Contested issues are likely to take electoral process into ‘cul de sac’ without compromises, says Abdoulaye Bathily
UN envoy for Libya Abdoulaye Bathily on Monday urged the Security Council to put pressure on all relevant actors to demonstrate the required political will for the long-awaited elections in the war-torn country.
Efforts continue to get political leaders in Libya to overcome their differences to hold the stalled presidential and parliamentary elections since December 2021.
In his briefing to the 15-member UN Security Council, Bathily said that it is now crucial that steps are taken to overcome the persistent disagreements over longstanding issues to avoid “gloomy prospect” for the people of Libya and the region.
He urged Libya’s decision-makers to act in a spirit of compromise.
“Without such compromises, the contested issues are likely to take the electoral process into a cul de sac, like in 2021, resulting in further polarization and destabilization of the country,” Bathily said.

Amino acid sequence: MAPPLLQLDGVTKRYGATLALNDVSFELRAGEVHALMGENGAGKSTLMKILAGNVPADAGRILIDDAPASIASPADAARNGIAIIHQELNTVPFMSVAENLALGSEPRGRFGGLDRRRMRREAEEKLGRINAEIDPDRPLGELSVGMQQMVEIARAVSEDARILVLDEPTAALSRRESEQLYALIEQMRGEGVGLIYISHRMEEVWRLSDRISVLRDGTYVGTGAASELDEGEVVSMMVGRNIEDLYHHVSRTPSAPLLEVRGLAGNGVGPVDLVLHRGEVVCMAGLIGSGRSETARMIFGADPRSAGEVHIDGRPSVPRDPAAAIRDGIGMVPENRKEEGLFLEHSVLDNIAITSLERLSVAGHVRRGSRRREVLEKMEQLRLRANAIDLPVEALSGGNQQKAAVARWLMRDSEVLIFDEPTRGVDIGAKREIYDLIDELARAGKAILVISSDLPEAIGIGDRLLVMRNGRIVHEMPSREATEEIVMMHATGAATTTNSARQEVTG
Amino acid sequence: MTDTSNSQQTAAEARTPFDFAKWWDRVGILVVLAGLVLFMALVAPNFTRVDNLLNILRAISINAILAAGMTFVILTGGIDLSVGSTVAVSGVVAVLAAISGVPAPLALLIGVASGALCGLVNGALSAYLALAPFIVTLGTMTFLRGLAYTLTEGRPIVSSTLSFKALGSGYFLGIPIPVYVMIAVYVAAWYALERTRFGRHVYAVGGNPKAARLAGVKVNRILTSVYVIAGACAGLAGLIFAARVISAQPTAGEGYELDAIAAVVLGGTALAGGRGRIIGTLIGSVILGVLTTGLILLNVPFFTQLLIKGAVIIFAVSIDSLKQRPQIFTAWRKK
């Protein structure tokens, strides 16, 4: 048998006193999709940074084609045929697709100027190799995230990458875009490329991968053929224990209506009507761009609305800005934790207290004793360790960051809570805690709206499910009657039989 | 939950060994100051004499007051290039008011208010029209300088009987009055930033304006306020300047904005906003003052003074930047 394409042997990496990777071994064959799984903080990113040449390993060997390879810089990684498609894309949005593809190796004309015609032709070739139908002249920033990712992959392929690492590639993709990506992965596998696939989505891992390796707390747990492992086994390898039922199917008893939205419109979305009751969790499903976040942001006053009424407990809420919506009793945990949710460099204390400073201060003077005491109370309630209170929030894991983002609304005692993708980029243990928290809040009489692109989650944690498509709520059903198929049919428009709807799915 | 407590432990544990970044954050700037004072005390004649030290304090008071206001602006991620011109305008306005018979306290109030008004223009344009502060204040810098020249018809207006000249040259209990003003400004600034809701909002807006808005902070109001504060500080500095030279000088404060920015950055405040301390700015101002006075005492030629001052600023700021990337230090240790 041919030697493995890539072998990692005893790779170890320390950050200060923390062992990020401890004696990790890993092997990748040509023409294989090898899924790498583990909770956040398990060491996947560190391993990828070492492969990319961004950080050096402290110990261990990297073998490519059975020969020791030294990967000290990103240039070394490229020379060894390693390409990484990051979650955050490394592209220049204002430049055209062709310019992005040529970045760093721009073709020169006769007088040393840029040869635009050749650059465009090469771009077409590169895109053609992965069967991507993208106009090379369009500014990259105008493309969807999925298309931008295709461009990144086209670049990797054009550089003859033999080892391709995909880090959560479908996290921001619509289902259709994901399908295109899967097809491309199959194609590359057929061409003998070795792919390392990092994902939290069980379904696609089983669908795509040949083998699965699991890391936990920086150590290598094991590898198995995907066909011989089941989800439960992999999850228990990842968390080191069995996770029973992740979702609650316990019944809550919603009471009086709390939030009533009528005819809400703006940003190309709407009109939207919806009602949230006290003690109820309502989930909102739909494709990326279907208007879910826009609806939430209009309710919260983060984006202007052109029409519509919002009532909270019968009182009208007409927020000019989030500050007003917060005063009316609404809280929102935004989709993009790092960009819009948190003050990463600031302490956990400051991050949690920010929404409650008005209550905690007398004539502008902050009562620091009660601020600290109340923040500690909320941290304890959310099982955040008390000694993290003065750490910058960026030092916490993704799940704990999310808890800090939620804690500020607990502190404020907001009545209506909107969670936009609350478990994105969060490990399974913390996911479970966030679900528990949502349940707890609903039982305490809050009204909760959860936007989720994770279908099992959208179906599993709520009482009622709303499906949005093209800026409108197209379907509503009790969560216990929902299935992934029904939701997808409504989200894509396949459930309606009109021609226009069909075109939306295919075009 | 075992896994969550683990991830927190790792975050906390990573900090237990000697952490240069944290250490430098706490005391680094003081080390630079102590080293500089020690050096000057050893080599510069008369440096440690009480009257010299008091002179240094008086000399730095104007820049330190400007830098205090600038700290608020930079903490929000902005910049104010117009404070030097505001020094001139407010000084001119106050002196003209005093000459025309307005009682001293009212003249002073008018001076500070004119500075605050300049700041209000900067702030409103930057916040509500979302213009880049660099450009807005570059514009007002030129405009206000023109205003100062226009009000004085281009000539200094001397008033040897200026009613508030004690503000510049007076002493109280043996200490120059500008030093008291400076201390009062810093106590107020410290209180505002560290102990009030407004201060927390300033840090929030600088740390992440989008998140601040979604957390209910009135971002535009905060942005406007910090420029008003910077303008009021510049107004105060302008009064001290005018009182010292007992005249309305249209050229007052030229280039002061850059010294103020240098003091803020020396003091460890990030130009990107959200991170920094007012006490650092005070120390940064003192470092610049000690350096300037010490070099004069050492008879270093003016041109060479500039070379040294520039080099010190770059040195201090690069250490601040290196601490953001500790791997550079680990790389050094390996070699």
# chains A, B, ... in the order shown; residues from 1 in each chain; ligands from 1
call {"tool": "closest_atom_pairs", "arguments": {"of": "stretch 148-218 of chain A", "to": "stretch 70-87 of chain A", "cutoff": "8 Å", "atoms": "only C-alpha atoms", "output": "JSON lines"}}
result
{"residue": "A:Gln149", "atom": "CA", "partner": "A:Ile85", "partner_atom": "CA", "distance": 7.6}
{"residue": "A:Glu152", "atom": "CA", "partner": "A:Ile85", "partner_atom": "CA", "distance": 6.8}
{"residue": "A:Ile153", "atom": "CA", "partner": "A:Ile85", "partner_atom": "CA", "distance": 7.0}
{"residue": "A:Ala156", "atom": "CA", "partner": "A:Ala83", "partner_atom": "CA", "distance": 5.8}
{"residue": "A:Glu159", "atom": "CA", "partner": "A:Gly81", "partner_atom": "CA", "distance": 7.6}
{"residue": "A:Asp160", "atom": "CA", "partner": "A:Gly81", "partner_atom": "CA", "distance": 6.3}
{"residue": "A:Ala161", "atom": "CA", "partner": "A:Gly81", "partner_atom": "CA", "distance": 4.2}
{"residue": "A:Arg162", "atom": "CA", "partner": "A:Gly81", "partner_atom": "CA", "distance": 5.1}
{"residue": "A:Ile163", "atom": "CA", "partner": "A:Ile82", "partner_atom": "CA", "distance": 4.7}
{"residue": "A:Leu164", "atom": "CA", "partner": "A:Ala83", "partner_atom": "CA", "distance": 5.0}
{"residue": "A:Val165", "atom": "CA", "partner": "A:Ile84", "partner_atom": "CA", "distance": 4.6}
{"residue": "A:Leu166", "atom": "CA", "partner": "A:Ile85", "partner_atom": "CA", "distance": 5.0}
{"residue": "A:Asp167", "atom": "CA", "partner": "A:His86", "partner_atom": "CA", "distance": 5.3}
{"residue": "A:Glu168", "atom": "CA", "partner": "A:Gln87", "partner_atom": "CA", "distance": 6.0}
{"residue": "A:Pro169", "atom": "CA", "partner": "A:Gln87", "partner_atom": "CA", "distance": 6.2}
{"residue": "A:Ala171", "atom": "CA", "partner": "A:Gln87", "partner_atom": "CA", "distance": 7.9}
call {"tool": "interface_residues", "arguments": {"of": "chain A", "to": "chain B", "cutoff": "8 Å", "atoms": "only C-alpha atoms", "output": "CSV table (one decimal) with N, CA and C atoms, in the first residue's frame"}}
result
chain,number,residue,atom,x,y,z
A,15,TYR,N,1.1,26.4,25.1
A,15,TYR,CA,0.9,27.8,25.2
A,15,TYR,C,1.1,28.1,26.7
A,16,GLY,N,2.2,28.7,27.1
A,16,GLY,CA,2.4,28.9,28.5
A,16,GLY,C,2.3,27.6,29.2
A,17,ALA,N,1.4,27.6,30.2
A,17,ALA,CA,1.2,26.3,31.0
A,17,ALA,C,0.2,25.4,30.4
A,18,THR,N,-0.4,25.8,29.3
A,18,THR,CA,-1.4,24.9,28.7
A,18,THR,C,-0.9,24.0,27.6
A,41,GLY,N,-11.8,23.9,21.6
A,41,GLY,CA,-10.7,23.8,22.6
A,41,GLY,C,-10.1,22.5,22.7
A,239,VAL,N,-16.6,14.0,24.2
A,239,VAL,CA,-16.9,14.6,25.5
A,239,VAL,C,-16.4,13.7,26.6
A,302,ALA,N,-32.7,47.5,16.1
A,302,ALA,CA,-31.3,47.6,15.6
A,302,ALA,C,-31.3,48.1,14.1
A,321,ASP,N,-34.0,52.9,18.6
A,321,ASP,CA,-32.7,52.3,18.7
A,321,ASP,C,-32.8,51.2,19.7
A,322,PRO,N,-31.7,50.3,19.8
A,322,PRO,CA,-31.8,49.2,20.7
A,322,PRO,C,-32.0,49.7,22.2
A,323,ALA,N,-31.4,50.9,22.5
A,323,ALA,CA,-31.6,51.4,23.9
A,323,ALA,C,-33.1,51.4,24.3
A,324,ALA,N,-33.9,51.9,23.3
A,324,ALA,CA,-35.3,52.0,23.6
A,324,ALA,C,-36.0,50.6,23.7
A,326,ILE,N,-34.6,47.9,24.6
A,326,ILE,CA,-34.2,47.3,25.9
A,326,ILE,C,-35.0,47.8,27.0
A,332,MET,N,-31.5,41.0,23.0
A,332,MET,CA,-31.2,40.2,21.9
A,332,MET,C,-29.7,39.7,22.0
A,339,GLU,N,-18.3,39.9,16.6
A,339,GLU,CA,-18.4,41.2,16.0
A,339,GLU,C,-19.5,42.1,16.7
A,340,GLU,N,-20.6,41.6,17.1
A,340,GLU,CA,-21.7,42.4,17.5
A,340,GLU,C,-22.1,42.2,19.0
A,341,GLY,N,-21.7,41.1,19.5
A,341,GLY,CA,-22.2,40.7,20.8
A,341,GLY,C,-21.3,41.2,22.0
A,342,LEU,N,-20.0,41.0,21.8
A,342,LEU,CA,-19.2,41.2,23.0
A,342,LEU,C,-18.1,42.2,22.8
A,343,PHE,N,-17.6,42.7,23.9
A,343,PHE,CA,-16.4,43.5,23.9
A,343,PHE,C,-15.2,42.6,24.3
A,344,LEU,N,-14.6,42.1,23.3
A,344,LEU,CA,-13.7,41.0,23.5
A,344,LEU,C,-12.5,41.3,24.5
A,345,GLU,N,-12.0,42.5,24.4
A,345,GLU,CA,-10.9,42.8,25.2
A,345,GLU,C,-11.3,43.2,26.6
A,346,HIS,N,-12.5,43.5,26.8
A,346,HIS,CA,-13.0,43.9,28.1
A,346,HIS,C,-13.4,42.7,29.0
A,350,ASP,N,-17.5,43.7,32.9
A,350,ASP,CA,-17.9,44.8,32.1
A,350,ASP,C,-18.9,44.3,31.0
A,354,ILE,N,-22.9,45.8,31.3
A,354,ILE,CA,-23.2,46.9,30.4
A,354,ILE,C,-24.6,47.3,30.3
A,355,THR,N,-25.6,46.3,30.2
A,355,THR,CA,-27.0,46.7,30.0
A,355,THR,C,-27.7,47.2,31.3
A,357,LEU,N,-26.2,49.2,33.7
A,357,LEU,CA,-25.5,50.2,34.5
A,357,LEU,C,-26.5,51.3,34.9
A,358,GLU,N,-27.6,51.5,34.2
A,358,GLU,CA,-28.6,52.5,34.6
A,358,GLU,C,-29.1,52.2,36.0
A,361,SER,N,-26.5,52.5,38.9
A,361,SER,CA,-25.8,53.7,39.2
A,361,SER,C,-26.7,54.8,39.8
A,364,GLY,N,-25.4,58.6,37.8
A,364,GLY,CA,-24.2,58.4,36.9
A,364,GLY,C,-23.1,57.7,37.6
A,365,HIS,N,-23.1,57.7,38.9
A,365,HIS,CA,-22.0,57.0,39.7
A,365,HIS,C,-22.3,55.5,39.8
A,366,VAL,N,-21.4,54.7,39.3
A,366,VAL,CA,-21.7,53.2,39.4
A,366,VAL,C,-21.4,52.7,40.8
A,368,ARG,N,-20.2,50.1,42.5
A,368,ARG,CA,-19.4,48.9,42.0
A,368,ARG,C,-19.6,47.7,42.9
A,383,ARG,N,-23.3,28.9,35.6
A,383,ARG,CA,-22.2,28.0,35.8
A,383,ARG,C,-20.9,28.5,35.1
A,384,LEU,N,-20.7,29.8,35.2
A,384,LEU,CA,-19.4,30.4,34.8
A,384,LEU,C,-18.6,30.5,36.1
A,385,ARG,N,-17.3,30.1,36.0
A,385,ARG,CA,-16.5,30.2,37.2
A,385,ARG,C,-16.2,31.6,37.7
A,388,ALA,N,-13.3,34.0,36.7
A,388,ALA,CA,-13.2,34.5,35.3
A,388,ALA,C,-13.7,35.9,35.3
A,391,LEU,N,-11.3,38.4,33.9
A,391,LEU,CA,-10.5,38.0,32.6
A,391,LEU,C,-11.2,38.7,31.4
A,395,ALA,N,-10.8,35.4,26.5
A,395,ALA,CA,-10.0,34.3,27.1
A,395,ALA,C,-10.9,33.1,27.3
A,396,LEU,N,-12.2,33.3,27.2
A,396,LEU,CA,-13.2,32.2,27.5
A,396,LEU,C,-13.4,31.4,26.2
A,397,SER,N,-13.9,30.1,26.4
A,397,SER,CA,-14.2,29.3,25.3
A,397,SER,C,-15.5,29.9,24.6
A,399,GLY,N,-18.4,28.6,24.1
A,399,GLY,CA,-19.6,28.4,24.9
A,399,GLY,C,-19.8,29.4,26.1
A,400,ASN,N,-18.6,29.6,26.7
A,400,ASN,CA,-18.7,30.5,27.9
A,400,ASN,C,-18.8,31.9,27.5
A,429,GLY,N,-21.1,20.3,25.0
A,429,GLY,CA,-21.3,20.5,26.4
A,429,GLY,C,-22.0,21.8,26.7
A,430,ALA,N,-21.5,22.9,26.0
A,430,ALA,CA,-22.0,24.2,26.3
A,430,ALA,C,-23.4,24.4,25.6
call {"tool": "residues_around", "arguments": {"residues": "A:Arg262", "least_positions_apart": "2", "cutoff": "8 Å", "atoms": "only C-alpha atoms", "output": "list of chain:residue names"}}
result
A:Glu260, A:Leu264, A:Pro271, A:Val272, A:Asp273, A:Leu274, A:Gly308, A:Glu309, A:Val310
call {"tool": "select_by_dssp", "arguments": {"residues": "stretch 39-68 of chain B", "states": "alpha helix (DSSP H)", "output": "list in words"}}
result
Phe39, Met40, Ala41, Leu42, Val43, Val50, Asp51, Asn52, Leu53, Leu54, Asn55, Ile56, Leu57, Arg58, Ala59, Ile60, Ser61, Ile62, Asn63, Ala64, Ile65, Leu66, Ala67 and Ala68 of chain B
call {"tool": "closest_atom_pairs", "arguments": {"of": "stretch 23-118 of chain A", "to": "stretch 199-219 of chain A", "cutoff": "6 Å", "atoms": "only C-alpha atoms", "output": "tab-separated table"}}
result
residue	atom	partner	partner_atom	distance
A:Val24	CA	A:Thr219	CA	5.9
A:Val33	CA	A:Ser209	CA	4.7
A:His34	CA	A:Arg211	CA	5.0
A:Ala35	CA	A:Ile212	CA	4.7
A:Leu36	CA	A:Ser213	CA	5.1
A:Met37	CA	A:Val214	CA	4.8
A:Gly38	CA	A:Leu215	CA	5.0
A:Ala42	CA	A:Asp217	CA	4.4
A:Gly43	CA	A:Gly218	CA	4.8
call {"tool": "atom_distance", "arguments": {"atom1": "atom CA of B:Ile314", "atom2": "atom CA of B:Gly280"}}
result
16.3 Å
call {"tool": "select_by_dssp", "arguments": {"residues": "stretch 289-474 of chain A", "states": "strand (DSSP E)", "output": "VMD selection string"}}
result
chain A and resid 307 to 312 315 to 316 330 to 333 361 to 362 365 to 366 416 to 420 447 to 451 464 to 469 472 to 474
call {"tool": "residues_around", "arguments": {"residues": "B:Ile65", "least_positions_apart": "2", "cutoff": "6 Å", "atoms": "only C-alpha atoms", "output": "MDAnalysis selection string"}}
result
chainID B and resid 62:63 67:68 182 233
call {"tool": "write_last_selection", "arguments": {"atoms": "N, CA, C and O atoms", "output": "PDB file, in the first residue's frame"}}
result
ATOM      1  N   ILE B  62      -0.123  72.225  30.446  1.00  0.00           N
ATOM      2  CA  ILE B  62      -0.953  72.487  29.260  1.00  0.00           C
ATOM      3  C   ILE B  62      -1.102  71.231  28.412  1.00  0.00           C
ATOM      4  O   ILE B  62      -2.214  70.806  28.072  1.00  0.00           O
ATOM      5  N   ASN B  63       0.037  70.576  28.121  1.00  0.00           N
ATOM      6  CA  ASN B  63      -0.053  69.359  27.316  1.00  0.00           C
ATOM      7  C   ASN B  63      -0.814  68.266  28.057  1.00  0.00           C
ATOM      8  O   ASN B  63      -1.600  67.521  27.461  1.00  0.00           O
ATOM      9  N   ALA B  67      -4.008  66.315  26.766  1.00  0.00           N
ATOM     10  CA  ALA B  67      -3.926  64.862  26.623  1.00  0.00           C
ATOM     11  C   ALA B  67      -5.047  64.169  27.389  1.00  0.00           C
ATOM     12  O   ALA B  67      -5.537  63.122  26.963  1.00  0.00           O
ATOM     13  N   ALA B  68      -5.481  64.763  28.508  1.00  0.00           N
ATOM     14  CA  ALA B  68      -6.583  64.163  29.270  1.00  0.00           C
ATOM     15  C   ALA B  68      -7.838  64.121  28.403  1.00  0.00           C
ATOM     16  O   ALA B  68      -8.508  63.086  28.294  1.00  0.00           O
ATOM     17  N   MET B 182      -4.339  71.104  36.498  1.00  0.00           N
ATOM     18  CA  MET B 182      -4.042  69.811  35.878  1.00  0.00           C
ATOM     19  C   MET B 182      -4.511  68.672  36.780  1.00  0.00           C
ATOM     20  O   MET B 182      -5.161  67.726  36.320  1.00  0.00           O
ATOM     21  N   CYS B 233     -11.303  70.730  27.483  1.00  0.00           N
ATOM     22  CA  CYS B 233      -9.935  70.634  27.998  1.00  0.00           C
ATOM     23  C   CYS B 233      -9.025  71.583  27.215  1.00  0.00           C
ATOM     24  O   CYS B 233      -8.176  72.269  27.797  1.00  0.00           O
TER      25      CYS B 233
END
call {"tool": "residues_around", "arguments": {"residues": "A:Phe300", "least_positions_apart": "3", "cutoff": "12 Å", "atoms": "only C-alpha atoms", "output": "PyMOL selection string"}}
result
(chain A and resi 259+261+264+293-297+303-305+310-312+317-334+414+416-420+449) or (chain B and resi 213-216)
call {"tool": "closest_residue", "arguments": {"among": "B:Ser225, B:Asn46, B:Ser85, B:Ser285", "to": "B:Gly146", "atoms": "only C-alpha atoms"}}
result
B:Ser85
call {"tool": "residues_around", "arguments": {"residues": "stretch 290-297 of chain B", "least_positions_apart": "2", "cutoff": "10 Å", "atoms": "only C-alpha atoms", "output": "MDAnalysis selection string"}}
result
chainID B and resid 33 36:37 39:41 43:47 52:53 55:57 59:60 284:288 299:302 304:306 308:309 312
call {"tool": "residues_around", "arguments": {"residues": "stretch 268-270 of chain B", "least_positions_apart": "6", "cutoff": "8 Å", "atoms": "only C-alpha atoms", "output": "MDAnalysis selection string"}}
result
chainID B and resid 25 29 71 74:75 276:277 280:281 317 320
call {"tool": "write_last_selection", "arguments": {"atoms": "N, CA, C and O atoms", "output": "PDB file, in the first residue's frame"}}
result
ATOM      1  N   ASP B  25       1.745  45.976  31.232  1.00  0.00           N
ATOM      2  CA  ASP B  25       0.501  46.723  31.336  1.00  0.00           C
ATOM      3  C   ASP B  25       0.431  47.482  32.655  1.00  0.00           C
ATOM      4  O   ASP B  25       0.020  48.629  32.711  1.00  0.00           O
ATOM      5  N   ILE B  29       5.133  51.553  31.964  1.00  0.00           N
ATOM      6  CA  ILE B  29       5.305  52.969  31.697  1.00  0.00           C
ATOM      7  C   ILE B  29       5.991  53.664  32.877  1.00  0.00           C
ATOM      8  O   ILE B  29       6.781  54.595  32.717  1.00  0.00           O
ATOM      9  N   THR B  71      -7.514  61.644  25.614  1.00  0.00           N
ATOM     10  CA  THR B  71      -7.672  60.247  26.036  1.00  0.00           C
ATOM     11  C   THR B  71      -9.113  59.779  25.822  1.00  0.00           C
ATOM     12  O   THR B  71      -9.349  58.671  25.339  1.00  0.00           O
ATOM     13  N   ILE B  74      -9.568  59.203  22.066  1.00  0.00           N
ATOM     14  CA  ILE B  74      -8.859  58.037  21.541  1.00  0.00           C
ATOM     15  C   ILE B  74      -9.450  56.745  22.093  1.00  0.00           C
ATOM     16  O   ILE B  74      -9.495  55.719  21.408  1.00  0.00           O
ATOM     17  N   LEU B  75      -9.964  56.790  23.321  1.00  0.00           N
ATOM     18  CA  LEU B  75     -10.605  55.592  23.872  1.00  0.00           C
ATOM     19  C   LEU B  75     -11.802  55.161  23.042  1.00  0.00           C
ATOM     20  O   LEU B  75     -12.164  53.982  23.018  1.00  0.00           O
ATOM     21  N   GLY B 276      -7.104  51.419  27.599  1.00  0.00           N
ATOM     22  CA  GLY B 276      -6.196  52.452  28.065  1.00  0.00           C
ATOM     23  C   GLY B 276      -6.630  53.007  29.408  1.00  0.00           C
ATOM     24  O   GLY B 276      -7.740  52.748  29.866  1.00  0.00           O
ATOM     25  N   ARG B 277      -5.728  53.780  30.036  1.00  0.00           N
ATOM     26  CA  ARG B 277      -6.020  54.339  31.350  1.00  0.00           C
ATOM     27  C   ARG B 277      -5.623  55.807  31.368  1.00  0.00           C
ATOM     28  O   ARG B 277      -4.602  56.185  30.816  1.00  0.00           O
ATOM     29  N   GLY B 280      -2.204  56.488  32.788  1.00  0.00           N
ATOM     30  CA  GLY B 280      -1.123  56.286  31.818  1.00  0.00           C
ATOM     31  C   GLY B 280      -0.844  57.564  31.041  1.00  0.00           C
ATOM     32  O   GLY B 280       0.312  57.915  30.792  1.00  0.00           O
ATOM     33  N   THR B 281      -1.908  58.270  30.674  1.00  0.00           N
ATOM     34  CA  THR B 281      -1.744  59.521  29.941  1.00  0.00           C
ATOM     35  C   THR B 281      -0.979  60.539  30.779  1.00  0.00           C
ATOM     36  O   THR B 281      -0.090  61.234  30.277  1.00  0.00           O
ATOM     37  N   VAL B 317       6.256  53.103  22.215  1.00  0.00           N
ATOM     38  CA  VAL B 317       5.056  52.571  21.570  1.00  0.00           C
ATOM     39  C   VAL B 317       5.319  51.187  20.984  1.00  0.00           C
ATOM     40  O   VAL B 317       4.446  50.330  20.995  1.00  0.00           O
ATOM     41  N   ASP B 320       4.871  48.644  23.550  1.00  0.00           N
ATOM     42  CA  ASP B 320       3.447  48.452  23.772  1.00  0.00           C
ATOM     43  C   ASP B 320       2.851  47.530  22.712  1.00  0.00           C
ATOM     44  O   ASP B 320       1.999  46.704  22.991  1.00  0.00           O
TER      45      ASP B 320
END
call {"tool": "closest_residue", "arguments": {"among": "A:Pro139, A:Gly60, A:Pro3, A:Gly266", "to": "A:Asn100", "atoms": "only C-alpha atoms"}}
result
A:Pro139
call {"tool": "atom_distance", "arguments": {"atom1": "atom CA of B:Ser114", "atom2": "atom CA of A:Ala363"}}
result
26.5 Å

“Successful elections require not just a legal framework, but also a political agreement that ensures buy-in and inclusion of all major stakeholders”.
He said that he intends to intensify negotiations and convene major stakeholders or their trusted representatives to reach a final settlement on the most contentious issues, make the draft laws implementable and enable successful elections.
He also warned that the conflict in Sudan has raised concerns about its potential destabilizing effects on Libya, specifically regarding a potential influx of refugees and cross-border movements of armed elements.
Oil-rich Libya has remained in turmoil since 2011, when longtime ruler Muammar Gaddafi was ousted after four decades in power.
The situation has worsened since last March when the East Libya-based parliament appointed a new government led by former Interior Minister Fathi Bashagha, but Tripoli-based Prime Minister Abdul Hamid Dbeibeh, one of the two figures claiming power and authority in Libya, insists he will cede authority only to a government that comes through an “elected parliament,” raising fears that Libya could slip back into a civil war.